In the US wealth distribution, which group has seen the largest increase in wealth during the pandemic? A recent working paper by Blanchet, Saez, and Zucman attempts to answer that question with very up-to-date data, which they also regularly update at RealTimeInequality.org. As they say on TV, the answer may shock you: it’s the bottom 50%. At least if we are looking at the change in percentage terms, the bottom 50% are clearly the winners of the wealth race during the pandemic.
Average wealth of the bottom 50% increased by over 200 percent since January 2020, while for the entire distribution it was only 20 percent, with all the other groups somewhere between 15% and 20%. That result is jaw-dropping on its own. Of course, it needs some context.
Part of what’s going on here is that average wealth at the bottom was only about $4,000 pre-pandemic (inflation adjusted), while today it’s somewhere around $12,000. In percentage terms, that’s a huge increase. In dollar terms? Not so much. Contrast this with the Top 0.01%. In percentage terms, their growth was the lowest among these slices of the distribution: only 15.8%. But that amounts to an additional $64 million of wealth per adult in the Top 0.01%. Keeping percentage changes and level changes separate in your mind is always useful.
Still, I think it’s useful to drill down into the wealth gains of the bottom 50% to see where all this new wealth is coming from. In total, there was about $2 trillion of nominal wealth gains for the bottom 50% from the first quarter of 2020 to the first quarter of 2022. Where did it come from?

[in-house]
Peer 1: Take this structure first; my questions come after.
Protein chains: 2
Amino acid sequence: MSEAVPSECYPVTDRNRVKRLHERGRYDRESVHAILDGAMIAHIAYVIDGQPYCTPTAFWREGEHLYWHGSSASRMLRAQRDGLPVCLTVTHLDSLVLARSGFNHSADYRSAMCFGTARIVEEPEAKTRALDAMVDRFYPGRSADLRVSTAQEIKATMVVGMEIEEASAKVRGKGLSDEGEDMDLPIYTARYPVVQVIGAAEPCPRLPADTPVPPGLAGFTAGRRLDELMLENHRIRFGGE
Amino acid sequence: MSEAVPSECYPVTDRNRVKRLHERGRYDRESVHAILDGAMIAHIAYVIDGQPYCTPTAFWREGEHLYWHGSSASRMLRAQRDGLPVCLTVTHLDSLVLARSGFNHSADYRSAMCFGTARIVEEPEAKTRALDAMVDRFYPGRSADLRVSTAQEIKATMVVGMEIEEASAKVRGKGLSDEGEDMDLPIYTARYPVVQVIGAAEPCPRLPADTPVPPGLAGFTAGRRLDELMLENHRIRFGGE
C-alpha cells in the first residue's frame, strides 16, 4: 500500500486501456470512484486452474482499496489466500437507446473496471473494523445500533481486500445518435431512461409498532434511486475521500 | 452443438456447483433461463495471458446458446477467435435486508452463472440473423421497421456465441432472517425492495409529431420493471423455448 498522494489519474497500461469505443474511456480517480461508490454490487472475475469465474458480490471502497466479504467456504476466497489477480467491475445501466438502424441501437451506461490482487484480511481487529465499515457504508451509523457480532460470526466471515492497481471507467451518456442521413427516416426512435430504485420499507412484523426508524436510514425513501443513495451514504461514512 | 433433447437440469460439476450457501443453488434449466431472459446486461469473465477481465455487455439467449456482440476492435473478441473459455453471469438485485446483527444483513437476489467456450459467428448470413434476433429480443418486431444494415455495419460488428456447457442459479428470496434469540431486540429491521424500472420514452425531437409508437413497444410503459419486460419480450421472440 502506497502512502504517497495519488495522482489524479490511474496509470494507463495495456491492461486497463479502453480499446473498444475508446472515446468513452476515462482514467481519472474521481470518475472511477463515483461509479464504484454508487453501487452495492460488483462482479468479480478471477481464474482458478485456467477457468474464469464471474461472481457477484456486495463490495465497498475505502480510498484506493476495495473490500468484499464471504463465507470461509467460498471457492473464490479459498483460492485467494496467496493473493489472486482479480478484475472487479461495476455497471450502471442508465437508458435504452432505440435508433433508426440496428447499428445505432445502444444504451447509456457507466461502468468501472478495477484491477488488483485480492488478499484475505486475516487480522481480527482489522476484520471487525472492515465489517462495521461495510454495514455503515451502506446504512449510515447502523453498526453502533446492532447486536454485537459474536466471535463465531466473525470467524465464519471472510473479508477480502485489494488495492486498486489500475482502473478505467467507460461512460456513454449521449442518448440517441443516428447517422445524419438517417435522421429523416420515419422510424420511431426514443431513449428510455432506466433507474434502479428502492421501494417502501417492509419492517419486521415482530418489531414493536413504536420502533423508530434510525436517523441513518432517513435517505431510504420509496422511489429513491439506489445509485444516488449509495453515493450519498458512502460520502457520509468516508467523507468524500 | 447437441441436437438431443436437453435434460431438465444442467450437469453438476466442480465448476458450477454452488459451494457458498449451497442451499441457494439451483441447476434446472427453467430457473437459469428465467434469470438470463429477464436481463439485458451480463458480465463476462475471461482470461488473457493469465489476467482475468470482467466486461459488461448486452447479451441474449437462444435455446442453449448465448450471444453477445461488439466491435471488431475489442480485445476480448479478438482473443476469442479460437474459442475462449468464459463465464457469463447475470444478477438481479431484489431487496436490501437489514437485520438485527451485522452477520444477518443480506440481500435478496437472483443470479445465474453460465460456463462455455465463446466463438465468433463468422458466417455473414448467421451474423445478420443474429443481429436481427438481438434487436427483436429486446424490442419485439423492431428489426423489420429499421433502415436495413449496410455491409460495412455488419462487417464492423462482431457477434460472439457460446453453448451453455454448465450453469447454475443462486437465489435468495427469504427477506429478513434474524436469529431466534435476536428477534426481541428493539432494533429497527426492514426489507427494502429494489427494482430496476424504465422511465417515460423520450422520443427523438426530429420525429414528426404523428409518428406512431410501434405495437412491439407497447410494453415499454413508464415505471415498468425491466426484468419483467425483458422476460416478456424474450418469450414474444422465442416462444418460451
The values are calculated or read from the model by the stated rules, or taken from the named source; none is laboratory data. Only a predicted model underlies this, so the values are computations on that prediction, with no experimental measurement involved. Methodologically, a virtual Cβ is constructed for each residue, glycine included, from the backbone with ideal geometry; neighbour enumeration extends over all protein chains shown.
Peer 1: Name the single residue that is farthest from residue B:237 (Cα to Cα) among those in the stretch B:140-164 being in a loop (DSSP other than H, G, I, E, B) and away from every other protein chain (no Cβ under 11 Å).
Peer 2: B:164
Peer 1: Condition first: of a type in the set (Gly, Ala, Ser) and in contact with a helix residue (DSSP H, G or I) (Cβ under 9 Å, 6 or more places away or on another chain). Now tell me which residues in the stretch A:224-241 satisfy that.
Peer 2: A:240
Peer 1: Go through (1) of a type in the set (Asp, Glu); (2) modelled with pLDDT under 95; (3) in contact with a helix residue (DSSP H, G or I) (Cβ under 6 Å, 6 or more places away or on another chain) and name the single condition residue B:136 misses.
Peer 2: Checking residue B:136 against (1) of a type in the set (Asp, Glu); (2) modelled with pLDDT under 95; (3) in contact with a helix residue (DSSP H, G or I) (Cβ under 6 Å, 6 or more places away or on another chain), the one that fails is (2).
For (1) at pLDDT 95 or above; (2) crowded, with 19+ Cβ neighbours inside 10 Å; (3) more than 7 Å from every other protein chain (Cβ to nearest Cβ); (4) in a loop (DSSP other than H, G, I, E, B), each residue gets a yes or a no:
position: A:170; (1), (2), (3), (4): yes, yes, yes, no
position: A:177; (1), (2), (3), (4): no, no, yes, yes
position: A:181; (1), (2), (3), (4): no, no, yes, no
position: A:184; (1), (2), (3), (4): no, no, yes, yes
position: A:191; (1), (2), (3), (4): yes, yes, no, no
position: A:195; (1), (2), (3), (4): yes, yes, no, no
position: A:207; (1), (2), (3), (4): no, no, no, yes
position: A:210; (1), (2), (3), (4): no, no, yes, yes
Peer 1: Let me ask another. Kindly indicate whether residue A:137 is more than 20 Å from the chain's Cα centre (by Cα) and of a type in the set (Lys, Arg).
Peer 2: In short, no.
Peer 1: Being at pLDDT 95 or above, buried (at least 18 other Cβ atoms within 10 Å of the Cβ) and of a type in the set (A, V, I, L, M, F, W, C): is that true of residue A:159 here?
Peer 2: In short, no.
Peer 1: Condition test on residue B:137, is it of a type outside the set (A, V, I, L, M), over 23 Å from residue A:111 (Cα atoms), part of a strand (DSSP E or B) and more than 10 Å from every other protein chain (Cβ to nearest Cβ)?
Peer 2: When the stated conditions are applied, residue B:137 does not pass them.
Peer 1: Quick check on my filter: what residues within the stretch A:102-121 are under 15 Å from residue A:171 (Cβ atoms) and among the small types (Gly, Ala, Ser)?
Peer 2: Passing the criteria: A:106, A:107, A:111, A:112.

I’ll stick with nominal dollars throughout this analysis. While inflation-adjusted numbers are better for judging real gains in wealth, if we are interested in divvying up the increase, it doesn’t matter, since we’d be adjusting everything by the same inflation factors.
We can use the Fed’s Distributional Financial Accounts to get a sense of what is causing the $2 trillion increase in wealth. The most current data in that dataset is for the first quarter of 2022, but as the Blanchet, Saez, and Zucman real-time estimates suggest, there hasn’t been a huge change to wealth for the bottom 50% in the months since the first quarter ended. This is despite the downturn in the stock market in 2022 (you’ll see why in a moment).
Wealth is the difference between assets and liabilities. So it’s useful to look at these categories separately (though some items from each category clearly go together, such as the asset of real estate and the liability of mortgage debt).
Total assets for the bottom 50% rose by about $2.8 trillion in the past 2 years. Of this increase, the bulk has been from Real Estate assets, which increased by $1.6 trillion, or about 58% of the total. Real estate constitutes just a bit over half of the total assets of the bottom 50%. Consumer durables (cars, appliances, furniture, etc.) also saw a big increase, comprising about 20% of the total increase in assets. Pension entitlements (which includes both DB and DC plans, but not Social Security and other government programs) also saw a decent increase, contributing 10% of the total increase in assets.